Fatherhood in South Africa webinar series: Research for action
“I feel like he owed me something, he was supposed to give me something (not things). That is a father’s love. I don’t want his money, I just wanted him around…and that is one thing he failed at doing.”
These words shared by a participant in the Heartlines Fathers Matter formative research report to gain insight into fatherhood in South Africa, reflect the need for positively active and present fathers.
On 16 August 2020, Heartlines, the Centre for Values Promotion, in partnership with the DSI-NRF Centre of Human Excellence and the National Research Foundation, hosted a webinar on the State of South African Fatherhood. This was the first in a four-part series that considers issues around men, masculinities and fatherhood.
The webinar was moderated by Heartlines CEO Dr Garth Japhet, and included panellists Latasha Treger Slavin, research manager at Heartlines, and Wessel van den Berg, head of the Children’s Rights and Positive Parenting unit at Sonke Gender Justice.
Van den Berg presented the 2018 State of South Africa’s Fathers report, which is an advocacy document aimed at improving policies and programmes that support father’s involvement, as well facilitating a broader narrative on fatherhood in SA.
The report indicates that although only 36% of South African children live with their biological fathers, 71% of South African children live with an adult male in the household.
The value of positive male presences in the lives of children was also emphasised in Slavin’s presentation of the Heartlines Fathers Matter formative research report that underpins the Heartlines Fathers Matter social action campaign. The report found that “social fathers” can have a meaningful impact on children’s future outcomes.
Fatherhood as provision
With respect to socio-economics, there appears to be a correlation between income levels and co-residency with children. The State of South Africa’s Fathers 2018 report found that children from lower socio-economic strata were less likely to live with both biological parents than children from higher socio-economic groups. This highlights that co-residence is strongly influenced by socio-economics and the perpetuation of migrant labour systems entrenched during apartheid.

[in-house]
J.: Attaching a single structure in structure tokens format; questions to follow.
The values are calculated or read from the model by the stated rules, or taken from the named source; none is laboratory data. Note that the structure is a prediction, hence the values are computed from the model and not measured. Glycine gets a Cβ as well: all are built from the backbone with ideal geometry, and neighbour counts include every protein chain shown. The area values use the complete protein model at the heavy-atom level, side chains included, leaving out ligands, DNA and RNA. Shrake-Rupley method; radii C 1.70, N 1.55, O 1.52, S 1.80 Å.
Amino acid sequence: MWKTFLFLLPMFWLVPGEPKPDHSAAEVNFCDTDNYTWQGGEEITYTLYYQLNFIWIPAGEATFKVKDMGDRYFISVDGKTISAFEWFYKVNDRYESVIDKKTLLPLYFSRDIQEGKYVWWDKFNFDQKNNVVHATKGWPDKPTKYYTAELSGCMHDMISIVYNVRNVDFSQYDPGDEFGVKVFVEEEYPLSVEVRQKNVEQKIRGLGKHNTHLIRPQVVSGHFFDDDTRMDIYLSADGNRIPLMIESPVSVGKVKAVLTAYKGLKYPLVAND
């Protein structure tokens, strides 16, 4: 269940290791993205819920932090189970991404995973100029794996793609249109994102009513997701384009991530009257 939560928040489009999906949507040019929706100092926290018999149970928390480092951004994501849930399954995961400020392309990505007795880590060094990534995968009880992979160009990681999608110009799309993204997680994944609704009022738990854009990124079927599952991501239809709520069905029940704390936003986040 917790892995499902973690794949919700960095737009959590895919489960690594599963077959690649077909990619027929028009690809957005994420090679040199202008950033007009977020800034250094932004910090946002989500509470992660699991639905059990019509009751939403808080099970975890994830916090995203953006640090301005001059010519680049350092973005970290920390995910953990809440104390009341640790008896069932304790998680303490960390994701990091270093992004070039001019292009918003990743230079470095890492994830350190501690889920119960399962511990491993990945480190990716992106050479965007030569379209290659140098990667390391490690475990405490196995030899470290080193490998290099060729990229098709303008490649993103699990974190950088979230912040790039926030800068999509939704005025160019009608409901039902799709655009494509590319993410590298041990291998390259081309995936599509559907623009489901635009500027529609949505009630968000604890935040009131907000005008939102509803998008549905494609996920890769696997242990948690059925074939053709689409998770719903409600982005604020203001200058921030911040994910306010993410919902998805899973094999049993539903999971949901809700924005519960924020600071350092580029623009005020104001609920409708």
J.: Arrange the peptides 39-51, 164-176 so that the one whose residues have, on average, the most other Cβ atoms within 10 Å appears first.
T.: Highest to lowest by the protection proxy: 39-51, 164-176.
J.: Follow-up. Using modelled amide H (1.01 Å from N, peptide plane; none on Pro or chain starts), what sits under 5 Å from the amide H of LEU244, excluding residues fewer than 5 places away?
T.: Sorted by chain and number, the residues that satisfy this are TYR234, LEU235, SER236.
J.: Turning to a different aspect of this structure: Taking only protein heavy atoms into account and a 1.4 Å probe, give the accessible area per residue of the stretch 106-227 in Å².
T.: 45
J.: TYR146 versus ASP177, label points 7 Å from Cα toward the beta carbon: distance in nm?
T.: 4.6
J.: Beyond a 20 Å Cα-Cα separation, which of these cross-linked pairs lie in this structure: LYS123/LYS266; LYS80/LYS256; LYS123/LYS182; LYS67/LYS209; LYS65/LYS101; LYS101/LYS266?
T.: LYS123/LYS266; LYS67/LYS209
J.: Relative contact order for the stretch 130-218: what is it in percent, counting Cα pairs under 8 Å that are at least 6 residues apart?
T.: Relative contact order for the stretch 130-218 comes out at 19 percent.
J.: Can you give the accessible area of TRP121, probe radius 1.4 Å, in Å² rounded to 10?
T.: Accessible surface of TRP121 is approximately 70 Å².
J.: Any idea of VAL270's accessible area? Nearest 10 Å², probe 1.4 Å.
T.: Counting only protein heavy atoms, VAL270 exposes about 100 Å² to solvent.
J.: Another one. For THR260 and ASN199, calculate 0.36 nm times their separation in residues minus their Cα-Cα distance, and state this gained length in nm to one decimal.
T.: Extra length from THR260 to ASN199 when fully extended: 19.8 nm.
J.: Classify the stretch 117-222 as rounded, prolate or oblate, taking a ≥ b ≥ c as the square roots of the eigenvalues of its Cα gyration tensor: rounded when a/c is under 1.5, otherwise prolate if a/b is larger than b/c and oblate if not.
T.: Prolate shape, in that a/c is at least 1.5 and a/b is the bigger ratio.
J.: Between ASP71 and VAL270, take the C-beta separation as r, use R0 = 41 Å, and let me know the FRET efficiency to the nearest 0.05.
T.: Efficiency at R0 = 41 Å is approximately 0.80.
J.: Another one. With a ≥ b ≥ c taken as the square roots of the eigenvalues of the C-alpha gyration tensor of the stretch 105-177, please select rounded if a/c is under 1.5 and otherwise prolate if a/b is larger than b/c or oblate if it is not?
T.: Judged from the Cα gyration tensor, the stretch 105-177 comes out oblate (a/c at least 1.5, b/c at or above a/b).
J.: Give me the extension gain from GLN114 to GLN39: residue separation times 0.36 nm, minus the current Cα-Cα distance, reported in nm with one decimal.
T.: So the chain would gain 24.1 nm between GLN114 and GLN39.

In line with this, the Heartlines Fathers Matter Report found that in South Africa, the definition of fatherhood is closely linked to the ability to provide financially. Unemployment and the inability to provide is a barrier to active participation of fathers. Many of the research study participants used provision as a lens through which they described their fathers. Fathers who provided financially were described as being “caring and loving”, whereas those that could not provide were seen as irresponsible and unstable or uncaring. For many men in the study, the inability to provide led to feelings of shame and low self-esteem. This, together with rising unemployment rates in South Africa, left many men out of active participation with their children.
Family relationship dynamics
The Heartlines Fathers Matter Report also identified the relationship between a child’s mother and father was as a significant factor influencing men’s ability to be positive, active and present fathers. Many participants shared stories about how their mothers and extended families acted as gatekeepers to the father-child relationship. Findings indicated that mothers sometimes limit access to a child if they don’t receive financial support from the father. Access to children is also impacted if the relationship between the two parents is generally poor or if a father is in a relationship with another woman.
The research also found that gender roles, norms and expectations are socially constructed and these play a role in defining how men father.
“When you start playing with your kids, culture will say: ‘This one is not man enough, he's busy with children’ and at that time you're trying to be around your kids…it has a way of suppressing you by making you feel inferior as a man in the community,” explained another focus group participant.
However, some men have intentionally worked to change their relationship with their own children, despite growing up without positive father role-models themselves. For these men, fatherhood brought the realisation of what they had “lost” in the absence of their own fathers, and an active decision to be positively present for their children.
Sonke Gender Justice will be launching a new State of South Africa’s Fathers report in 2021 that will provide findings on social fathers, father involvement, and attitudes to and the use of paternal leave. It will also cover a collection of published research and there will be a launch of a new institution which focus on fatherhood research and advocacy.
The next events in the webinar series will cover the topics of overcoming toxic masculinities in South Africa, fatherhood and the first 1 000 days, and positive interventions for fathers. For more information, visit our Events page.